Generally speaking, if you’re having trouble repaying debts, you’ll have to opt for much lower payments to make them affordable within your budget. By doing this, it’s likely to extend the term you’ll be paying off those debts.
A DMP is a flexible plan, so if you find yourself with a little extra money, or there are changes to your regular income, they can be paid into the plan at any time, bringing your expected completion date forward.
3. How do the DMP providers work out the monthly instalments?
The amount your provider calculates to be your monthly repayment will be dependent on every aspect of your current financial situation.
Your total income (whether in wages, a pension or benefits) will be considered against your total monthly outgoings. Your repayment amount will be low enough so you can still live an acceptable quality of life.
Your budget should include every aspect of your daily life. Food, clothing, heating and transport will all be taken into account. It’s up to your provider to decide what is considered excessive and what isn’t, so when you’re applying for help, make sure you include everything you can think of.
You won’t be able to apply for any costs that apply to your business if you’re self-employed or a business owner.
4. Can I get out of a debt management plan?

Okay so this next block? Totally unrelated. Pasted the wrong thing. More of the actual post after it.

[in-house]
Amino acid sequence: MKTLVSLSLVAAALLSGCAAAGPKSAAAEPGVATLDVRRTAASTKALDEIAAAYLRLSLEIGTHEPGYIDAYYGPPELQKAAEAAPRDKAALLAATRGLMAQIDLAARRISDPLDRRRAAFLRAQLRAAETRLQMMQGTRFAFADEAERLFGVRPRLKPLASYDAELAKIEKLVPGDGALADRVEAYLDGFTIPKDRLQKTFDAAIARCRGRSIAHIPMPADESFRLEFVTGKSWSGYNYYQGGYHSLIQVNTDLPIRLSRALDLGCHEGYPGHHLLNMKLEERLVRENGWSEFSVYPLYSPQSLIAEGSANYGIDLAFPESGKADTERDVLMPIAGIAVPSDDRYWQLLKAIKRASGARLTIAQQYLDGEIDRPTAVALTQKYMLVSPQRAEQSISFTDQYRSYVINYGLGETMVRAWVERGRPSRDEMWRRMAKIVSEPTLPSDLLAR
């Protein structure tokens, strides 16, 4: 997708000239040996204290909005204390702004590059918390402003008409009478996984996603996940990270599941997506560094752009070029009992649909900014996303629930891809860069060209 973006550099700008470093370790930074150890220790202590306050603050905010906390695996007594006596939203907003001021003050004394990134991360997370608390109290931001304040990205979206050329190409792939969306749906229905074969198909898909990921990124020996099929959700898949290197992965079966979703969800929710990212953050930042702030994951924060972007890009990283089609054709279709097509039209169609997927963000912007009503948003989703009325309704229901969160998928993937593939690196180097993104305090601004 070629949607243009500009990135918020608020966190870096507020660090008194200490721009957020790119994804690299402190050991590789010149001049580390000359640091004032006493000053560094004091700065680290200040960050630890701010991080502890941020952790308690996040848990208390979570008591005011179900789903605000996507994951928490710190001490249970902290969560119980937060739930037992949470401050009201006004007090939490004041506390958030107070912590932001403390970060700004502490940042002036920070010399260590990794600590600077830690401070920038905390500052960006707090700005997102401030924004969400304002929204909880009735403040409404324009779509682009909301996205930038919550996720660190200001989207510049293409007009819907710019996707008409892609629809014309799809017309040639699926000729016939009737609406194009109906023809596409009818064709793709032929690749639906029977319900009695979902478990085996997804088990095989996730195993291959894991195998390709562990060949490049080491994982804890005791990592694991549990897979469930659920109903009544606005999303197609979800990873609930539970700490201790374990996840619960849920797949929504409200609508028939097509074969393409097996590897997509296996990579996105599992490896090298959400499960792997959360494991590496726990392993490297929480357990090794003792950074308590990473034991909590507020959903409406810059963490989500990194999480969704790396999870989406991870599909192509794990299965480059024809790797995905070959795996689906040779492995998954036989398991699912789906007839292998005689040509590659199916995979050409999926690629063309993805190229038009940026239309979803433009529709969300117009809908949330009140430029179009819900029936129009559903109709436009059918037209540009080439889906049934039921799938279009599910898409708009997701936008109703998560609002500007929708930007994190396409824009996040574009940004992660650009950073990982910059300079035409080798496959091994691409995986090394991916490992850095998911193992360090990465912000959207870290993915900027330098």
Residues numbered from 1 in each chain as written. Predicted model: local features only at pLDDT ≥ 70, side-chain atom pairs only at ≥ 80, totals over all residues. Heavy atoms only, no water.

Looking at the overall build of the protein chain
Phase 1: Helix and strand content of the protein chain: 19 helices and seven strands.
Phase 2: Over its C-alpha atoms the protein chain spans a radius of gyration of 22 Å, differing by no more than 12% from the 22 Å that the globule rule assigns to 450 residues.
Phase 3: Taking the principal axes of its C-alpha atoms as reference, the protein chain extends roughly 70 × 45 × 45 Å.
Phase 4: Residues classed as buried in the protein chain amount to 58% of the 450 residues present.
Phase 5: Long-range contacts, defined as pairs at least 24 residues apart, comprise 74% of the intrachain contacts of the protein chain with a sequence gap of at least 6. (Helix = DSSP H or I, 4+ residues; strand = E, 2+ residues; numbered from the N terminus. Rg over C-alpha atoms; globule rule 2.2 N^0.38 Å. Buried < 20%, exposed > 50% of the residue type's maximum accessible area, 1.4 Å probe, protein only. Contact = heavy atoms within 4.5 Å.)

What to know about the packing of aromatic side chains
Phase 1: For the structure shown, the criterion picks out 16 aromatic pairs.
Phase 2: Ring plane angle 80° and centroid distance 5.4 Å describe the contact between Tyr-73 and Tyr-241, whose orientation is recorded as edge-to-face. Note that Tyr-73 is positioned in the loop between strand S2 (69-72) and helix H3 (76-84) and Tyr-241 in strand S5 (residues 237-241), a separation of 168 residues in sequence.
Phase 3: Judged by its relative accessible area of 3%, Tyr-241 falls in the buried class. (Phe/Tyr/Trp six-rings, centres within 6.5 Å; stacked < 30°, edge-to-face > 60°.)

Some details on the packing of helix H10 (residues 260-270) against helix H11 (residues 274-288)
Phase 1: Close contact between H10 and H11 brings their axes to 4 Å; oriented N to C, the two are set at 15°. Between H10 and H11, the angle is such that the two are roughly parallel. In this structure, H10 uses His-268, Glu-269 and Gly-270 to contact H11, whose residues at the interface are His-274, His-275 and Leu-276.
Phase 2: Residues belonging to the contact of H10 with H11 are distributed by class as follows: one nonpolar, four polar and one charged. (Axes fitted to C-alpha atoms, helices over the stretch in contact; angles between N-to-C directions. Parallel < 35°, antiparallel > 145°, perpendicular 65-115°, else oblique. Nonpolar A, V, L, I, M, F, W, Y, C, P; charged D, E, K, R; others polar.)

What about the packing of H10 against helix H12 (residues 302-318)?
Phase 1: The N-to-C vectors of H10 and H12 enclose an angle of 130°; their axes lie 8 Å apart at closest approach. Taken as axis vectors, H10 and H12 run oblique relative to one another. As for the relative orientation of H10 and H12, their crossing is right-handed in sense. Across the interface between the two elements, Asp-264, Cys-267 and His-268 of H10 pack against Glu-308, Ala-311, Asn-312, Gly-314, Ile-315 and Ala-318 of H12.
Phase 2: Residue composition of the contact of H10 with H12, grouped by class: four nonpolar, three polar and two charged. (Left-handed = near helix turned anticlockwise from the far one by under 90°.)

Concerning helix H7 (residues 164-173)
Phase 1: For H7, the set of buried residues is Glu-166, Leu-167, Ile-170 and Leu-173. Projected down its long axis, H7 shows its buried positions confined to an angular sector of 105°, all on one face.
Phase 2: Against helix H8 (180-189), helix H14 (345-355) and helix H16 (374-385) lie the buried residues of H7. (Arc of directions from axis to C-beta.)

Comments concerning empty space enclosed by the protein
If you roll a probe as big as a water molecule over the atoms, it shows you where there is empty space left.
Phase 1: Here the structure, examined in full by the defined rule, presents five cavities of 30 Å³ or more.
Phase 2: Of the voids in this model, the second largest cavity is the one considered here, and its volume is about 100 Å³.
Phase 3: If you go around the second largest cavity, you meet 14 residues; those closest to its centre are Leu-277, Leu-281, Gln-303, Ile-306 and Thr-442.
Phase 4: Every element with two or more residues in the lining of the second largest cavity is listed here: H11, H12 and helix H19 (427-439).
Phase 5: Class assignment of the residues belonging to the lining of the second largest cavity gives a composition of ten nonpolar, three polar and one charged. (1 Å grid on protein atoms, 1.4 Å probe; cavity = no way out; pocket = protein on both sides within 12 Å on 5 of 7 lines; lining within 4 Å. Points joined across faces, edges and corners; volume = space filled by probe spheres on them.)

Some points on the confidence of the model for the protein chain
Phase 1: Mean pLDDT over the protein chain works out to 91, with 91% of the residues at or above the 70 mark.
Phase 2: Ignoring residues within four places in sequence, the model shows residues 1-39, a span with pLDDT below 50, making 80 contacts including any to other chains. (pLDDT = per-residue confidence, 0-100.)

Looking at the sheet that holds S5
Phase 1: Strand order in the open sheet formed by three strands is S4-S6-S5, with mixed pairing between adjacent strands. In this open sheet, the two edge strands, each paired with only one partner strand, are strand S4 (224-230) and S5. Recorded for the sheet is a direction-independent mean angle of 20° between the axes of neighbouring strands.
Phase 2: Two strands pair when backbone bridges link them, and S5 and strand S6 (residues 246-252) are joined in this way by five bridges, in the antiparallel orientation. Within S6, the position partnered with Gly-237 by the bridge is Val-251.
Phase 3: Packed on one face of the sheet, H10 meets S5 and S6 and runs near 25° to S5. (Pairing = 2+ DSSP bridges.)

Because a DMP is a flexible arrangement, designed to handle any changes to your income or personal position, you can leave your debt management plan at any time.
You may have come into a sum of money great enough to pay off your debts in full or decide that an alternative method of debt repayment is preferential. Either way, your provider will outline what you will have to do to transfer your debt to another method or to pay it off.
5. How does a debt management plan affect credit scores?
Your DMP will not affect your credit file directly, but you will receive Default Notices.
Default Notices are issued when you miss a payment, make an incorrect or late payment. They are issued to alert other lenders of your failure to repay the credit in line with the terms you accepted it.
As you pay into a debt management plan, every one of your payments, despite being pre-arranged, is considered a reduced amount of the initial debt, and therefore incorrect. This will create the continual issue of Default Notices. Default Notices can remain on your credit file for up to 6 years from their issue date.
Alternatives to debt management plans
If a DMP doesn’t sound right for you, then you may want to consider the many other options available, such as an Individual Voluntary Arrangement or Bankruptcy. There are a variety of different solutions to debt problems, each suited to different levels of financial health and the total debt amount.
For the best course of action for your specific circumstances, always speak to an expert. Our highly qualified and specialist staff are ready to listen, offering the best possible options give us a call on 0808 2234 102 today.